Citations (0)
Some of your citations are legacy items.

Any citation created before July 30, 2012 will labeled as a “Cited page.” New citations will be saved as cited passages, pages or articles.

We also added the ability to view new citations from your projects or the book or article where you created them.

Notes (0)
Bookmarks (0)

You have no saved items from this article

Project items include:
  • Saved book/article
  • Highlights
  • Quotes/citations
  • Notes
  • Bookmarks
Cite this article

Cited article

Citations are available only to our active members.
Buy instant access to cite pages or passages in MLA, APA and Chicago citation styles.

(Einhorn, 1992, p. 25)

(Einhorn 25)

1. Lois J. Einhorn, Abraham Lincoln, the Orator: Penetrating the Lincoln Legend (Westport, CT: Greenwood Press, 1992), 25,

Note: primary sources have slightly different requirements for citation. Please see these guidelines for more information.

Cited article

The State of Contemporary Risk Assessment Research


Text size Smaller Larger Reset View mode
Search within

Search within this article

Look up

Look up a word

  • Dictionary
  • Thesaurus
Please submit a word or phrase above.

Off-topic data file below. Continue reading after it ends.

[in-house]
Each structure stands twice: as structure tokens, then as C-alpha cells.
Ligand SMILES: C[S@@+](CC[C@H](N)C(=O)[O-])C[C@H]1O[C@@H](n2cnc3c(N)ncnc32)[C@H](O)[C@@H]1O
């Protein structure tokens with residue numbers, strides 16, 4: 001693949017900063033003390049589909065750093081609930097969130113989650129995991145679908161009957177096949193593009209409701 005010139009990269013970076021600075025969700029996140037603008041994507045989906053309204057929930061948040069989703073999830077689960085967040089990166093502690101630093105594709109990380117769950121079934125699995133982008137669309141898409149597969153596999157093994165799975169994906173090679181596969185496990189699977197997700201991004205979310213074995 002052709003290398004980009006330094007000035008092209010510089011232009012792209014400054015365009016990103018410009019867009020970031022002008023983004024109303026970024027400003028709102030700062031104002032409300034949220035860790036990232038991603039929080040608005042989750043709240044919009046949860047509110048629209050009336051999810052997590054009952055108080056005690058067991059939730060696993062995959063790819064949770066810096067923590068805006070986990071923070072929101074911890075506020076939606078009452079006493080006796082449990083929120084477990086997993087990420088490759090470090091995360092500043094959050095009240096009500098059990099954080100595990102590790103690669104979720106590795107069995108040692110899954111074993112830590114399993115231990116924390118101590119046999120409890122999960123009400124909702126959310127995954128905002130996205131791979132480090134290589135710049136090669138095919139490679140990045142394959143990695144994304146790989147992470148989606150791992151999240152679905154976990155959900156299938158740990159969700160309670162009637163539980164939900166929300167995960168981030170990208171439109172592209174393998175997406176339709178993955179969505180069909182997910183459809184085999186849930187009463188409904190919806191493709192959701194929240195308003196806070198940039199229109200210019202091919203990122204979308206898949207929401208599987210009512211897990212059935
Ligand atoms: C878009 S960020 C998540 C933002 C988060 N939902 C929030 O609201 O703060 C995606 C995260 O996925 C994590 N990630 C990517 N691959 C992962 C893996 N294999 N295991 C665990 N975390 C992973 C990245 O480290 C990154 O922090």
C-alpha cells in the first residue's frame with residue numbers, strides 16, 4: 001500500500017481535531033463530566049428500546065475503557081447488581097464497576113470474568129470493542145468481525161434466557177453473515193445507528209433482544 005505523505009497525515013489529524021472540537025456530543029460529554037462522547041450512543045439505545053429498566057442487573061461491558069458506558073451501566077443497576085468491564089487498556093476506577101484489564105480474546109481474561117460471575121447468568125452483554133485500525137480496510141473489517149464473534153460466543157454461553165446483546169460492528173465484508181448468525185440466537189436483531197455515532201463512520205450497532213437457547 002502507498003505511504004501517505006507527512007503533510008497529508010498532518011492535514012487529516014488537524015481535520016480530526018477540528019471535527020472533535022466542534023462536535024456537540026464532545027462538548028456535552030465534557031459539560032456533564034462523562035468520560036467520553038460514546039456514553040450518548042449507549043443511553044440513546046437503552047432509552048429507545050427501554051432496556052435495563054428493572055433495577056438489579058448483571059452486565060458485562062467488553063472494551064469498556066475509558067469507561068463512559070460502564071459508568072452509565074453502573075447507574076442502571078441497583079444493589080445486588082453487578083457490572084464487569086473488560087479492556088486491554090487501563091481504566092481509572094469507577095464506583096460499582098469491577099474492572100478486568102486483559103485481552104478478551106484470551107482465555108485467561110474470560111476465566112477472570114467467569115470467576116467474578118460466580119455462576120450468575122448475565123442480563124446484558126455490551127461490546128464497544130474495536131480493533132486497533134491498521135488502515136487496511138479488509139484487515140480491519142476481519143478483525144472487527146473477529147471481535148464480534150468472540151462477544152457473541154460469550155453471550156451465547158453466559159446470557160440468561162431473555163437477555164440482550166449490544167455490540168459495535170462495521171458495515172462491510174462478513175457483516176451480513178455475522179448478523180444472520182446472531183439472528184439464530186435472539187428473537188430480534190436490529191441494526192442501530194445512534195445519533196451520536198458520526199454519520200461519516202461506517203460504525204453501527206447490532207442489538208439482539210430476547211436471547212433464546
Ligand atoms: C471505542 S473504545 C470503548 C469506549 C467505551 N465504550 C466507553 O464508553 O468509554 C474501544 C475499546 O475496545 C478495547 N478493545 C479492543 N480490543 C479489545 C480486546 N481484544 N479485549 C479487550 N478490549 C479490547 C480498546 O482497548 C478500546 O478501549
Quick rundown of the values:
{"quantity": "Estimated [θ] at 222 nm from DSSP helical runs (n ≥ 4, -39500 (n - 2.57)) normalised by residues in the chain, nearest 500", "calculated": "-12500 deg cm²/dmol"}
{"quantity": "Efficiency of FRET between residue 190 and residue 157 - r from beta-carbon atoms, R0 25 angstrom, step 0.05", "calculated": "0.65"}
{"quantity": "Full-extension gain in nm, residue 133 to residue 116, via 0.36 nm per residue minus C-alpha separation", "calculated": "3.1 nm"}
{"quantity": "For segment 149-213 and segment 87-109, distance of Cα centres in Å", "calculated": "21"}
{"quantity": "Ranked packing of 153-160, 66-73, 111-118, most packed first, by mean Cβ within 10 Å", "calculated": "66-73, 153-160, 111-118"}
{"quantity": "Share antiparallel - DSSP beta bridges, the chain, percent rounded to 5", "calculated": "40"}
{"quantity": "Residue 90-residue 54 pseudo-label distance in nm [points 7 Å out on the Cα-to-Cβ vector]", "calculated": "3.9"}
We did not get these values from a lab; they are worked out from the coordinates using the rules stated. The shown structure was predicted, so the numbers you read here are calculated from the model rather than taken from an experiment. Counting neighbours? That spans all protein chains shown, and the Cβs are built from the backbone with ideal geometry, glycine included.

Print this page

Print this page

Why can't I print more than one page at a time?

Full screen

matching results for page

    Questia reader help

    How to highlight and cite specific passages

    1. Click or tap the first word you want to select.
    2. Click or tap the last word you want to select, and you’ll see everything in between get selected.
    3. You’ll then get a menu of options like creating a highlight or a citation from that passage of text.

    OK, got it!

    Cited passage

    Citations are available only to our active members.
    Buy instant access to cite pages or passages in MLA, APA and Chicago citation styles.

    "Portraying himself as an honest, ordinary person helped Lincoln identify with his audiences." (Einhorn, 1992, p. 25).

    "Portraying himself as an honest, ordinary person helped Lincoln identify with his audiences." (Einhorn 25)

    "Portraying himself as an honest, ordinary person helped Lincoln identify with his audiences."1

    1. Lois J. Einhorn, Abraham Lincoln, the Orator: Penetrating the Lincoln Legend (Westport, CT: Greenwood Press, 1992), 25,

    New feature

    It is estimated that 1 in 10 people have dyslexia, and in an effort to make Questia easier to use for those people, we have added a new choice of font to the Reader. That font is called OpenDyslexic, and has been designed to help with some of the symptoms of dyslexia. For more information on this font, please visit

    To use OpenDyslexic, choose it from the Typeface list in Font settings.

    OK, got it!

    Cited passage

    Thanks for trying Questia!

    Please continue trying out our research tools, but please note, full functionality is available only to our active members.

    Your work will be lost once you leave this Web page.

    Buy instant access to save your work.

    Already a member? Log in now.

    Author Advanced search


    An unknown error has occurred. Please click the button below to reload the page. If the problem persists, please try again in a little while.